Garvey said he had appealed to the owners to cooperate in a study of injuries on artificial surfaces. The first 10 replies from NFL clubs stated, in suspiciously similar language, "Thank you for your concern. We are forwarding your request to the NFL Player Relations Association." The NFLPRA, not to be confused with the NFLPA, is a committee of owners headed by the Giants' Wellington Mara, which was set up to be the collective bargaining agent for the owners. What, Garvey wondered, did collective bargaining have to do with injuries? Mara voiced concern, more over Garvey's intrusiveness than over injuries, and said he would like to meet with various player reps to discuss the whole matter. The NFLPA thereupon asked for a halt to the installation of synthetic fields until the safety question has been settled and threatened to get a court injunction, citing a collective bargaining clause in its contract concerning a change in working conditions, if any club dared put in a phony field.
A man from Monsanto said he had it all figured out. What was happening was that the turf people had been caught in the middle of a labor-management fight. He had a point. The owners know that they will have to negotiate increased pension benefits when the present contract expires, so they don't want to aid the players' cause by joining in the outcry over injuries.
What really worried the man from Monsanto, however, was the prospect that manufacturers will be swamped with lawsuits. "Mothers," he said gloomily, "out to collect on injured sons."
The rebuttal on the final day of the hearing by the three turf manufacturers was an anticlimax, except that one of the principals had a beautiful head of synthetic hair that captured the flavor if not the spirit of the occasion. Monsanto showed, in 45 handsomely bound pages, that injuries were down on AstroTurf, although the company did not advertise the fact anymore because it realized that that kind of statistical data is "considered self-serving." As for the field in Seattle where Dr. Garrick made his study, Monsanto characterized it as an "older generation" model (the latest is No. 4) that could stand a new pad. ( Washington does not want to pay for a new pad; it has a year to run on a five-year guarantee.)
The man from Minnesota Mining offered 13 pages on Tartan Turf. He freely admitted that he could not really answer the question "Are there more injuries on artificial turf?" But what, he asked in turn, is meant by "natural grass"? Is it " Kentucky blue grass...which stands straight up and a player's cleats slide on it," or is it " Bermuda, low and interlaced, and cleats can lock within its tufting?"
The president of American Biltrite, Morton Broffman, kept his prepared statement on Poly-Turf to himself. There were no copies. He had it written in ink, in a small hand, and during most of his testimony only Congressman Moss and an aide were on hand.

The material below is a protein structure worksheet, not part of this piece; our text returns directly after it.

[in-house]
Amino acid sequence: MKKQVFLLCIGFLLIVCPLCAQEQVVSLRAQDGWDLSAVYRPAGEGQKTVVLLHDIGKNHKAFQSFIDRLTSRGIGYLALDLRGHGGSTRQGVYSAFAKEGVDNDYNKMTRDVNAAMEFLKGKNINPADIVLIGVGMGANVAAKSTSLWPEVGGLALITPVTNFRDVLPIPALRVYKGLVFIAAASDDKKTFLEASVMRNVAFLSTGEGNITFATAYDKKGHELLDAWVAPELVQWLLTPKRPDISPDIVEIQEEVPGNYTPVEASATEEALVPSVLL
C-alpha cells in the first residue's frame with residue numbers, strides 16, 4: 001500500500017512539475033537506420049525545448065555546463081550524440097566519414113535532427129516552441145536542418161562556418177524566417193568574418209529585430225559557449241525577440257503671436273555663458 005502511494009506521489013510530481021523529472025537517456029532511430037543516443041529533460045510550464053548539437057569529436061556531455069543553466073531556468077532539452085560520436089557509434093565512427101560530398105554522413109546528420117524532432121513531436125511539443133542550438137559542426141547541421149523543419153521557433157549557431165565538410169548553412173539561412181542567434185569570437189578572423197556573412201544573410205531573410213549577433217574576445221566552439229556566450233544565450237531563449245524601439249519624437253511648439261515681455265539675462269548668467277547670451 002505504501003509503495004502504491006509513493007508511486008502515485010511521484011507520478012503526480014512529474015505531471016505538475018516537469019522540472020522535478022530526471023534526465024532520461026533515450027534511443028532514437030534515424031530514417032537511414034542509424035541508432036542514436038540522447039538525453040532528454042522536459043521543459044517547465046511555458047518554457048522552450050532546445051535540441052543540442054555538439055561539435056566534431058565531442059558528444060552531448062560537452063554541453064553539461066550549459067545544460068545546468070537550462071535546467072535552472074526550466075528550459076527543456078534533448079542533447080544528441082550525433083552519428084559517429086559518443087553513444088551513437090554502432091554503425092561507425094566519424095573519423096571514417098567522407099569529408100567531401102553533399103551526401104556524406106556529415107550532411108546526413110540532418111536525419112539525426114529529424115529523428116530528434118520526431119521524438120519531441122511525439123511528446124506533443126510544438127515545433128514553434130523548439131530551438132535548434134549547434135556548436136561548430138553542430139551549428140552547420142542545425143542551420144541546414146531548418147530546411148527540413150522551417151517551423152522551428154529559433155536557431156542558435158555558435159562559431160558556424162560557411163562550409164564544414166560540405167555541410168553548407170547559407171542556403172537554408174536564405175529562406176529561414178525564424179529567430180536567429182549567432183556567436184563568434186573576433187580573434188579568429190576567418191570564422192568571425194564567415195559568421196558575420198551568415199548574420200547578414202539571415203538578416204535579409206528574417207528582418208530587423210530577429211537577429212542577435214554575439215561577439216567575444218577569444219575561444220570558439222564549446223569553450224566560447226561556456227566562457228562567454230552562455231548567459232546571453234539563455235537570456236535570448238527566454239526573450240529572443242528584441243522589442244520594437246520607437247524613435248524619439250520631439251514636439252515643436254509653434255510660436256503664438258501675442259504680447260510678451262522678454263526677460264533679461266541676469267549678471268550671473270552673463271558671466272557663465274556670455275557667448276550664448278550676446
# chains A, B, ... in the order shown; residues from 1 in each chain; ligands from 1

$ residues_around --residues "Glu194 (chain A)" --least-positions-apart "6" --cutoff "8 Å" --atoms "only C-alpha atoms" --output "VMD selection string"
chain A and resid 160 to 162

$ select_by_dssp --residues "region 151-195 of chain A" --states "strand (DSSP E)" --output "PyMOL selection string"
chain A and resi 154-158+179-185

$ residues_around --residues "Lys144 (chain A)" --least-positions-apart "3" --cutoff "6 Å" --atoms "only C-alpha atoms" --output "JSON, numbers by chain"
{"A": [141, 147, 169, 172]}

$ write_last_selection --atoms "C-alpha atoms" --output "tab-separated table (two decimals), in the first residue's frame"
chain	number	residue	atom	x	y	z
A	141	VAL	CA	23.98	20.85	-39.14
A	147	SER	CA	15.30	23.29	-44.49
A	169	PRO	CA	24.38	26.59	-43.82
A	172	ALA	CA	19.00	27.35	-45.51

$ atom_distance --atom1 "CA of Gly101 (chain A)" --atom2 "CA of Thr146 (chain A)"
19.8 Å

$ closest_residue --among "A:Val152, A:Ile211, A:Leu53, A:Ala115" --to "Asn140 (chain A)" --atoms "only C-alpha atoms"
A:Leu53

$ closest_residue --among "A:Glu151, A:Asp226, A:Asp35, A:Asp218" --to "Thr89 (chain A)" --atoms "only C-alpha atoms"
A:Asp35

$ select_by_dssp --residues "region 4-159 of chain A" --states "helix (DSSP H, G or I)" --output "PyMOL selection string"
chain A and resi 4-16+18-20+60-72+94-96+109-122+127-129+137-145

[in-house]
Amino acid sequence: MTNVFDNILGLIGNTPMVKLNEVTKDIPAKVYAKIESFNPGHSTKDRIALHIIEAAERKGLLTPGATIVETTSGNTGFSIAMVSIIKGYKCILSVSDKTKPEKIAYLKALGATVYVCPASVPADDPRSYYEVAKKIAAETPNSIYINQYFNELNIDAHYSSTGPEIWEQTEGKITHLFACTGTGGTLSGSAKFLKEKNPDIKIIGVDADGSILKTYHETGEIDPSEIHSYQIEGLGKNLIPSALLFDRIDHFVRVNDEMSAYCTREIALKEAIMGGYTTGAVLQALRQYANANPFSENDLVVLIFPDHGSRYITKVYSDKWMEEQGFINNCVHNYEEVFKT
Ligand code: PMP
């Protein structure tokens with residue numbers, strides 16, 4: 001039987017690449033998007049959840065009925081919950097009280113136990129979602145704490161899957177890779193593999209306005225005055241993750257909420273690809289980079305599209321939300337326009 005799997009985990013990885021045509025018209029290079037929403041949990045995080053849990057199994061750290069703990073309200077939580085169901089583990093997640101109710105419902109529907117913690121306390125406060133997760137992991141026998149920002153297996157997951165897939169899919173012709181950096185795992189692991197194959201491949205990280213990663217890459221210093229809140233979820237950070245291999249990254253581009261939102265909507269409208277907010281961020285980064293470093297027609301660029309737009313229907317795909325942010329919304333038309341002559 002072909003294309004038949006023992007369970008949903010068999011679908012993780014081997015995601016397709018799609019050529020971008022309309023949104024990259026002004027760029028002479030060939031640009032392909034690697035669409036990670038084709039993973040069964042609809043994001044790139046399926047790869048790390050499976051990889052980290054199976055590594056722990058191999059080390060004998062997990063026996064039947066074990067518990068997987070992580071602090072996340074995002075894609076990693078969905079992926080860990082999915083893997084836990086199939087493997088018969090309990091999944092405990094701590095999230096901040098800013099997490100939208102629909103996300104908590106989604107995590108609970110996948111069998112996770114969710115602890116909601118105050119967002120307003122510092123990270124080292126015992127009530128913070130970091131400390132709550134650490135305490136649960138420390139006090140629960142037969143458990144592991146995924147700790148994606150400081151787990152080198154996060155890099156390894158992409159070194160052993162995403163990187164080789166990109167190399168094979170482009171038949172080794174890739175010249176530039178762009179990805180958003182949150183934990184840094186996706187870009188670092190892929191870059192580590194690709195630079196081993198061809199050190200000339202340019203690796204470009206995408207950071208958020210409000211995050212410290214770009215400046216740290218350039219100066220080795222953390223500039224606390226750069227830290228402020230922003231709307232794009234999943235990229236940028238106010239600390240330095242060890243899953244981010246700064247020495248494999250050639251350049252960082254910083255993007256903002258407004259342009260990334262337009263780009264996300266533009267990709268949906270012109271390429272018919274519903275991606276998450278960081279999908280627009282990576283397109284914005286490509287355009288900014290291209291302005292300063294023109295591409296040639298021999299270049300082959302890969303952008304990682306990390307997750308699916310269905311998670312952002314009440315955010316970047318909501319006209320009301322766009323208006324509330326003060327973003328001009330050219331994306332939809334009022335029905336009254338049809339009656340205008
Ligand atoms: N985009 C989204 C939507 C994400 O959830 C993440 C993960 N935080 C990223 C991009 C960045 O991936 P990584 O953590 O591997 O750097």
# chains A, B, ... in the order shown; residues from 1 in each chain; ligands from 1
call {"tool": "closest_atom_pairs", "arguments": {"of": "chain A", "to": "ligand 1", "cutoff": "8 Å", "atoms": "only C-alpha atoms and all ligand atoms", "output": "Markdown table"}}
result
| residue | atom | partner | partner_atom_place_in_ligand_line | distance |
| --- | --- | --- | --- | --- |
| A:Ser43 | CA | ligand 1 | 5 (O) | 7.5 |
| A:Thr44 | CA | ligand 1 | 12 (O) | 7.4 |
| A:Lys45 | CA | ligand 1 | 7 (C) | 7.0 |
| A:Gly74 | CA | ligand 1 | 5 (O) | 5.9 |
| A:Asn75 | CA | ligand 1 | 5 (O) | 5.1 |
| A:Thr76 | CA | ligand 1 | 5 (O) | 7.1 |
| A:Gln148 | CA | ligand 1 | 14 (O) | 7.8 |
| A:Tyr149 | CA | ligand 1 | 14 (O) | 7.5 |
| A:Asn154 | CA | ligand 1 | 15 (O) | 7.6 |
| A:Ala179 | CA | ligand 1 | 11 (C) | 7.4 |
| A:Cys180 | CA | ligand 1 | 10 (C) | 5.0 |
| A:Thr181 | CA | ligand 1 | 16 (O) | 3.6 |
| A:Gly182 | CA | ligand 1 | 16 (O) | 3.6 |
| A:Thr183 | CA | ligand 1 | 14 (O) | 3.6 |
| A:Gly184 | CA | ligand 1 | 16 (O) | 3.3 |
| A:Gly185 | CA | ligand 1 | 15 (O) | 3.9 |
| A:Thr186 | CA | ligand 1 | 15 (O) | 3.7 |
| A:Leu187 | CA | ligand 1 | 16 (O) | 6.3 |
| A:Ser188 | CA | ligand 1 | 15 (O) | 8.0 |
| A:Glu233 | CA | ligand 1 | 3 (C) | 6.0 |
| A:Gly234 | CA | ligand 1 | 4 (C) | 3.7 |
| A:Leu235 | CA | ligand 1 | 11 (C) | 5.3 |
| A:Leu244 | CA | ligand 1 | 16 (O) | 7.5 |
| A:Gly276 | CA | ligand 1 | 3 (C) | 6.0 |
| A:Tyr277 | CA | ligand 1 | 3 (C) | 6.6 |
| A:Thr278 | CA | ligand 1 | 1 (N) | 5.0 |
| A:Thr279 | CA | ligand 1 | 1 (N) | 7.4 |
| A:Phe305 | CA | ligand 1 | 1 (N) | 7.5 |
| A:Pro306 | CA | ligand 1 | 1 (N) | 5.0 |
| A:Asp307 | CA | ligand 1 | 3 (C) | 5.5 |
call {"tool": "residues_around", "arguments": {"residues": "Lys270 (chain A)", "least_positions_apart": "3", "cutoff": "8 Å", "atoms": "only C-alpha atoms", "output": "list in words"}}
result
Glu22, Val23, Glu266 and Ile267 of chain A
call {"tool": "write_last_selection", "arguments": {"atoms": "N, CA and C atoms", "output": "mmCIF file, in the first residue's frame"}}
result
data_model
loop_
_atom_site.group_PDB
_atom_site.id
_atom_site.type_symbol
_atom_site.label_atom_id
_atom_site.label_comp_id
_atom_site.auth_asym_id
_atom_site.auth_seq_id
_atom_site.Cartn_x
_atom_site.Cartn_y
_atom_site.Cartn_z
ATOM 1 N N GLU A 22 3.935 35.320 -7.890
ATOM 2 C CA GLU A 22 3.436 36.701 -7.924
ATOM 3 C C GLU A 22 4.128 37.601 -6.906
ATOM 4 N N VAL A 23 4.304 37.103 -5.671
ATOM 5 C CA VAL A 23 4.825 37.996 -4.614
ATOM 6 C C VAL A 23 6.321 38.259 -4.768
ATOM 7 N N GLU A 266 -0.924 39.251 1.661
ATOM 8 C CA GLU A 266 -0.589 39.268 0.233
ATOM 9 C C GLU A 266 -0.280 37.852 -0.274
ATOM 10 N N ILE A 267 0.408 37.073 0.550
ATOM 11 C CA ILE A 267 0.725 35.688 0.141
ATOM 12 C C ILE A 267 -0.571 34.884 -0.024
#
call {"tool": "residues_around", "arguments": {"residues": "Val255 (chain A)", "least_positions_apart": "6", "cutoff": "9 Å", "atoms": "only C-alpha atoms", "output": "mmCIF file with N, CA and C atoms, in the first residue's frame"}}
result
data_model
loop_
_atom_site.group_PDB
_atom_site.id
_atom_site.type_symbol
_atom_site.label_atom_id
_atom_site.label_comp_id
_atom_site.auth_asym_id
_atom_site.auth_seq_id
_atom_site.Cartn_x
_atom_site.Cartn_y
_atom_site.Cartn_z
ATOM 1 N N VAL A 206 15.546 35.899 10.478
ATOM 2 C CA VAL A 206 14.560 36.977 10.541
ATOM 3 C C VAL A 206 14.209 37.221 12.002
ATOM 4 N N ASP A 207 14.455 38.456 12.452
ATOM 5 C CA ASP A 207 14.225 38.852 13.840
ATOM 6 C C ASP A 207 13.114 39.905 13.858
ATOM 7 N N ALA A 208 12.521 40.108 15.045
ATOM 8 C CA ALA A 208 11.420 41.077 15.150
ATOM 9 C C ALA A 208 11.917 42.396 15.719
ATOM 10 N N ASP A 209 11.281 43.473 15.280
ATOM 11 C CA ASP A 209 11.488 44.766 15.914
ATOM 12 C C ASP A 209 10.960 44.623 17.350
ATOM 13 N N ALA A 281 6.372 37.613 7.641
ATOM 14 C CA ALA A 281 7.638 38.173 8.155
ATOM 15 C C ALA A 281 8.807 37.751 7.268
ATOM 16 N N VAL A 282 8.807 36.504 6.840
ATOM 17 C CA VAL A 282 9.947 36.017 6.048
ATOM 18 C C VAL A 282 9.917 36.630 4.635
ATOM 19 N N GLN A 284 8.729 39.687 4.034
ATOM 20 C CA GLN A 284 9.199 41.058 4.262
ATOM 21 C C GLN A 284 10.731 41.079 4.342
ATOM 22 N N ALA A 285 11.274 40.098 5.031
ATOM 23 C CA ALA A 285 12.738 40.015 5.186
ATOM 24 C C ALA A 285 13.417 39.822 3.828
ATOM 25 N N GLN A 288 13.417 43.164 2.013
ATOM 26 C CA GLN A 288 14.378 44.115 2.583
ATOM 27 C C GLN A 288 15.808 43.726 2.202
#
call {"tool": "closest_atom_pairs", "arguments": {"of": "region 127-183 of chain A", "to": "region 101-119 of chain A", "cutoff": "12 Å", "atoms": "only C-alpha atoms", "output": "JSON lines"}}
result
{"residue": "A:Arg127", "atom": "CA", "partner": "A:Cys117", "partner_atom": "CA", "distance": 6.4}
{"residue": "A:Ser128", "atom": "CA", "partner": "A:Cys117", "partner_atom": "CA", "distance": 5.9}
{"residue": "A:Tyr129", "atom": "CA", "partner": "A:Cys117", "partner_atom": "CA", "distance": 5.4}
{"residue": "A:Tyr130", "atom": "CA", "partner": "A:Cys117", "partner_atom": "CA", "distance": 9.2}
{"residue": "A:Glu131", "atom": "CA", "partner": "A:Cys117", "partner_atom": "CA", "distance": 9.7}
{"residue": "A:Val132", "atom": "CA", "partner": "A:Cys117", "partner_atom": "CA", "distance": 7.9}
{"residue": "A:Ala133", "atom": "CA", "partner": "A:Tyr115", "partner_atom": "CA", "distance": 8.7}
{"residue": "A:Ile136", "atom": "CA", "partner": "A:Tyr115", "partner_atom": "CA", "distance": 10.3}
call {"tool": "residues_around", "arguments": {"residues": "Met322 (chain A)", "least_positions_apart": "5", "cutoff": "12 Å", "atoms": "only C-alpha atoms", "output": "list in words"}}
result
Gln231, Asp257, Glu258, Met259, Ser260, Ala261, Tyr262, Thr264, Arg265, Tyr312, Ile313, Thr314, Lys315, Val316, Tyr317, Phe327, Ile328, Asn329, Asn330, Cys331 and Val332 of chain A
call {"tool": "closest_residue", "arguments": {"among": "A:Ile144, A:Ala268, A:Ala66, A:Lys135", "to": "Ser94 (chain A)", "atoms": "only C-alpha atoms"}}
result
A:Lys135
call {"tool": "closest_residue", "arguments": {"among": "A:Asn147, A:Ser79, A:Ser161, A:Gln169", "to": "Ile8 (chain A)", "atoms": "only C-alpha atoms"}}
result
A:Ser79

The most curious testimony was that of Dr. Donald Cooper of Oklahoma State. On the one hand, Dr. Cooper seemed the most knowledgeable of all on the synthetic turf phenomenon. He spoke, for example, on the "cultural shock" of players running on a strange surface (comparable to a man trying on ice skates for the first time), and on the slide variance of "natural" fields and the "psychological implications" of injuries. Do you injure more readily when you lose? Yes, probably.
But through it all, Dr. Cooper kept trying to cop everybody out, saying that a committee investigating the causes of football injuries in relation to the field of play was venturing into "dangerous country" and risked opening a "Pandora's box." He said turf was one of the "lesser" contributors to injury. He indicated that the committee ought to pack up and go home and, in fact, said so. Naturally, the committee interrupted Dr. Cooper whenever it could.
Nonetheless, as best as can be determined, there are now three major investigations under way: Dr. Garrick's (for the NFLPA); one that Don Weiss, the NFL's director of public relations, says the league is conducting that seems to be on injuries as a whole, since it is "all-encompassing" and, at any rate, will take "some time before [it] can be definitive"; and a 44-college survey by the NCAA made over the 1969-70 seasons, with results to be released in January. If it is solutions they want, there are already a number flying around. Beige-colored fields to cut down on heat and discoloration. Newly designed shoes. (Hockey players do not skate in basketball shoes.) Pre-flooded fields. Helmets padded on the outside. Vitamin E.
Nevertheless, certain contradictions would appear to be endemic, or perhaps generic, as Dr. Cooper darkly suggested. On AstroTurf, for example, the wetter the slipperier; on Poly-Turf, the hotter-drier the slipperier, and the wetter the better. And if more injuries occur on artificial turf because players "run faster on it, and therefore hit harder," does that mean coaches who have been looking for faster, harder-hitting players all these years will now begin to recruit slower, softer hitters? As for the traction, says a Monsanto rep, you ask a coach how much and he says, "As much as I can get," you ask a team doctor how much and he says, "As little as I can get away with."